Mango Grower’s Summit covers opportunities for the industry

Mango Grower’s Summit covers opportunities for a “growing and diverse” industry

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Mango Grower’s Summit covers opportunities for a “growing and diverse” industry

The 16th edition of the Mango Grower’s Summit, a one-day event held by the ​​Florida State Horticultural Society, took place June 13 to celebrate the continued growth of the global industry.

Presenters covered the current conditions of Florida’s century-old mango industry as well as production in Colombia and Mexico, the main U.S. mango supplier. Additionally, experts recommended optimal harvesting times and storage conditions for mango exports. 

Starting with an overview of Florida’s changing mango industry, guest speaker Jonathan Crane, tropical fruit crop specialist, listed factors enhancing change in the industry. 

“The continued diversification of the U.S. population means that many people from many countries that consume mangos have arrived,” Crane indicates. “Additionally, the increase in imports is beneficial. Per capita consumption of fresh mangos has increased dramatically from the early 2000’s when the national average was 1.75 pounds per capita, (is) now up to about 3.7 pounds.”

Consumer satisfaction rating, measured by the National Mango Board (NMB) shows that from 2018 to 2022, it increased from 75% to 81%.

Crane highlighted two “motivating factors” for the increase in acreage and diversification of the mango industry in Florida. 

“One is Gary Zill’s private mango development project in which he’s been selecting and breeding mangos for about 30 years. Secondly, the Fairchild program and the Williams farm have brought in a lot of new varieties and began to evaluate and promote alternative mango varieties,” says Crane

Among these programs, at least 40 new cultivars have been established in South Florida. 

Marketing sales and promotion

The specialist indicates that mango marketing has switched toward direct sales, fruit stands, farmer's markets, and electronic mail orders, among others.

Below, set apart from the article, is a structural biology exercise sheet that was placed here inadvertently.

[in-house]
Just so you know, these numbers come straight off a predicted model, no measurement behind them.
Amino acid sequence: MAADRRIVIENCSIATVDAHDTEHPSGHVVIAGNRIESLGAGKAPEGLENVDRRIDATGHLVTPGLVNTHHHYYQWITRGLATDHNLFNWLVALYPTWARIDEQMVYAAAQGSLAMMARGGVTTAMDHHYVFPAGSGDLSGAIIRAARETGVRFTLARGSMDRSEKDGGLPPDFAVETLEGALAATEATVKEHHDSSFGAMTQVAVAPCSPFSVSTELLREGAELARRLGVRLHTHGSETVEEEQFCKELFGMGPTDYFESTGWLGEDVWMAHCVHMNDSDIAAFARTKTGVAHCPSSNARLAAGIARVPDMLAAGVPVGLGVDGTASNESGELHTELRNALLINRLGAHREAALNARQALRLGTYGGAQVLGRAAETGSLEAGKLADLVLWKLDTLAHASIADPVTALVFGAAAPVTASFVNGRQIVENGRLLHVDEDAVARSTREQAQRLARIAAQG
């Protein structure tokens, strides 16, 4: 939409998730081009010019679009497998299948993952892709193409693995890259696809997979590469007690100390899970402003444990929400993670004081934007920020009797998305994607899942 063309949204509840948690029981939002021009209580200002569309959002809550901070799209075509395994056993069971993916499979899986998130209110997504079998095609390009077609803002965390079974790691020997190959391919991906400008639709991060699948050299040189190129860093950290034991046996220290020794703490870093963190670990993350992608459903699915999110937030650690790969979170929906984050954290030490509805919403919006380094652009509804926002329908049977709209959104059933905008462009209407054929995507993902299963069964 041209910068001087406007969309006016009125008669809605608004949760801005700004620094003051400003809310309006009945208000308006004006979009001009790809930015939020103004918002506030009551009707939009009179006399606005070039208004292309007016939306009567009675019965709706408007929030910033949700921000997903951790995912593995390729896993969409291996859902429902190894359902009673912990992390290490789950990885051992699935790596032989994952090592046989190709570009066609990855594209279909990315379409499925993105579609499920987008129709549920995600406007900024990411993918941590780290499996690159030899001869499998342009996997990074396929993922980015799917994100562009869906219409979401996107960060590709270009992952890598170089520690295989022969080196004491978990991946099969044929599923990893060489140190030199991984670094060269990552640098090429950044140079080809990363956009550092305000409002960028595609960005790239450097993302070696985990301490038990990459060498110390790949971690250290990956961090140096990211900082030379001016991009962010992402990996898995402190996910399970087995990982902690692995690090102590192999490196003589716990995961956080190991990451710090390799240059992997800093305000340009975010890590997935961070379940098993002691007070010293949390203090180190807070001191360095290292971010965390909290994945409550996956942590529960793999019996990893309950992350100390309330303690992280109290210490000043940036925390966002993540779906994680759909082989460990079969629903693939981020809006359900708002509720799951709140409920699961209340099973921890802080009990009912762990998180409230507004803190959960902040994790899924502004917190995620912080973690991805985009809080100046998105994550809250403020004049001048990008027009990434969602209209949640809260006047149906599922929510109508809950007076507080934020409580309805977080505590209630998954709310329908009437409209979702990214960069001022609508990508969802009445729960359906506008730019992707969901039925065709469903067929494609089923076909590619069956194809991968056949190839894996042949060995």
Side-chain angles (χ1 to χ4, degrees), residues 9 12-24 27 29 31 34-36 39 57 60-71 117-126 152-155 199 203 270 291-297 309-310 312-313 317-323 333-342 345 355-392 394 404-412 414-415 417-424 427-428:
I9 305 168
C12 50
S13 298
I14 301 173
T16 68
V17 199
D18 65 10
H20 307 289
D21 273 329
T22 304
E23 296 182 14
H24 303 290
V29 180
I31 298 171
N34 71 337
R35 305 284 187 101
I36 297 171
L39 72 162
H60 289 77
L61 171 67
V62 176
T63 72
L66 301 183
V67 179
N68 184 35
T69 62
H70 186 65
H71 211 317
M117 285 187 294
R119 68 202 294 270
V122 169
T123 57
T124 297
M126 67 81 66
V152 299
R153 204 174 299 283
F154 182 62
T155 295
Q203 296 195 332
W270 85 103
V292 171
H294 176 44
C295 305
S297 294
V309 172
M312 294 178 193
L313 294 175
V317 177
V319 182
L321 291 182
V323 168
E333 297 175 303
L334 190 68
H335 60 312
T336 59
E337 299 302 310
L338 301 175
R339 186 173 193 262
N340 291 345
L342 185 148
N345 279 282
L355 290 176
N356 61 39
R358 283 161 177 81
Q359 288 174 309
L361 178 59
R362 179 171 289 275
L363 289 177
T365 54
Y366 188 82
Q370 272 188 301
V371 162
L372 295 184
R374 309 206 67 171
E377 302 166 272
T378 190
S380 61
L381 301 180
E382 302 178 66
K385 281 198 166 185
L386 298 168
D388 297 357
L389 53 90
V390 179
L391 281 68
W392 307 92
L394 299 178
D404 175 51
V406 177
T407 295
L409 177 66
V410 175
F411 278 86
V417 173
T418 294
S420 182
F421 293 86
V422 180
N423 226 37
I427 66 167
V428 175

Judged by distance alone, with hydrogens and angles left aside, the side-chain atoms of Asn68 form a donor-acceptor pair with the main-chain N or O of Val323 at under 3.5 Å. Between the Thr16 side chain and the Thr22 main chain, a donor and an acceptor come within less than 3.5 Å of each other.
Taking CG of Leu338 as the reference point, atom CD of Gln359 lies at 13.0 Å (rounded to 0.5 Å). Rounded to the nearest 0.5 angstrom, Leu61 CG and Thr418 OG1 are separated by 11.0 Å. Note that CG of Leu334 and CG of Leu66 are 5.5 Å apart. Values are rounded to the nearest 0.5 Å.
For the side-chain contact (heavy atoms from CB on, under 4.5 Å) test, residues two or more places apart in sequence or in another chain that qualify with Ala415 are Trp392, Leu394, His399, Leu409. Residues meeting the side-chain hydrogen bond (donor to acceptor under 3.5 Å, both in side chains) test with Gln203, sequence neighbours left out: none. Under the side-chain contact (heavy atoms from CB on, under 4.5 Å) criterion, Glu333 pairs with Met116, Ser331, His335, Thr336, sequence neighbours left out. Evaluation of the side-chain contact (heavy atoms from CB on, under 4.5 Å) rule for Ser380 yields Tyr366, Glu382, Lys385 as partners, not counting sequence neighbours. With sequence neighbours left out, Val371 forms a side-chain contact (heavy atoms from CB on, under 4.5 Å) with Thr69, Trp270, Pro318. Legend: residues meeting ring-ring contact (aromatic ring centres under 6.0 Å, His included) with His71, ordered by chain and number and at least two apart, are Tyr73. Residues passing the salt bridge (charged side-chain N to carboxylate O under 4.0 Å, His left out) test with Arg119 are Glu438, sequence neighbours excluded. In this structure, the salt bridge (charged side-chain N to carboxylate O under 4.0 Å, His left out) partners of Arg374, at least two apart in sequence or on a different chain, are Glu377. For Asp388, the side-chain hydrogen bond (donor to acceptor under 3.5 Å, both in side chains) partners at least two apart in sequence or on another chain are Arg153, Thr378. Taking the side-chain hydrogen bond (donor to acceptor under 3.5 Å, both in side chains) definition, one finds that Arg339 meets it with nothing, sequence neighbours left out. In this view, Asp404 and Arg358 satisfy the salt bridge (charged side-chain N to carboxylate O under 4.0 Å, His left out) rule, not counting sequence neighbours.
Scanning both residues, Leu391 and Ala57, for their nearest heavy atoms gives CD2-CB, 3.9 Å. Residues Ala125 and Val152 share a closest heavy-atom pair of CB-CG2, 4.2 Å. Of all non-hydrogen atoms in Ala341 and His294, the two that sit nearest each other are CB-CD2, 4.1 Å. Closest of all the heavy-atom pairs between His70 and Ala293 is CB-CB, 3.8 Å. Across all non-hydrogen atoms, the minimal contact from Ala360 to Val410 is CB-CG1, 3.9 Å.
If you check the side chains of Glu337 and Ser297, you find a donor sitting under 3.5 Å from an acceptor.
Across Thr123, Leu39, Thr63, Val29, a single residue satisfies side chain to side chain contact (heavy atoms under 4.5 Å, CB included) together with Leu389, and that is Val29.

“Social media, where one can find all sorts of ways of buying the fruit, has blown up with people interested in mangos, and looking for diversity of the fruit,” states Crane. 

Harvest recommendations

A presentation by Jorge Alberto Osuna-García, a post-harvest researcher from the Santiago Ixcuintla Experimental Station in Mexico, reminded attendees of the importance of the U.S. for the global mango industry, which reached a market value exceeding  $800 million.

An important point  made by Osuna was that: “Ripening stage at harvest determines consumption quality.” 

Regarding this, the researcher told Florida growers that their advantage lies in the fact that they can skip the quarantine stage for shipment, which is the most critical one. 

“You can pick up the fruit when it is ripe and still hanging from the tree, which guarantees better quality, and is what consumers appreciate the most,” says Osuna. 

Mexican mango production overview 

Sergio Marquez, from the Crop Science Department at Chapingo Autonomous University, gave insights into a solid Mexican mango industry. 

Even though Mexico is the third global producer of mango, it is the top exporter of the fruit, with almost half a million tons per year; 22% of the country’s production. 

Currently, 65% of mango volume marketed in the U.S. comes from Mexico.

“Three-quarters of mango production is concentrated in five states throughout the Pacific coast, Guerrero, Nayarit, Chiapas, Sinaloa, and Oaxaca,” says Marquez. “Guerrero state is the largest producer with 28% of total production.”

Overall production during the last decade increased from 1.5 million tons to over two million tons produced today in Mexico. 

The Ataulfo variety, which originated in Chiapas, currently represents one-third of the total Ataulfo volume. The other varieties being produced are Manila, Tommy Atkins, Kent, and Keitt.

“One of the biggest problems that we have in Mexico is seasonality,” says Marquez.

Even though the country enjoys year-round production because they have trees in production all along the coast, the main volumes are between April and August. 

“The problem is that prices go down during that period because production is too high,” Marquez notes. “One of the main challenges is how to advance techniques to shift seasonality and produce more mangos in January, February, and March when prices are higher.”

Additionally, Marquez warns about needing to invest in more efficient harvesting methods. 

“We have a lot of tall mango orchards and that makes harvest challenging. The problem with higher density orchards is that we don’t have the technology to reduce mango sizes and we haven't developed good pruning methods to keep the trees small, at the size that we need,” Marquez concludes. 

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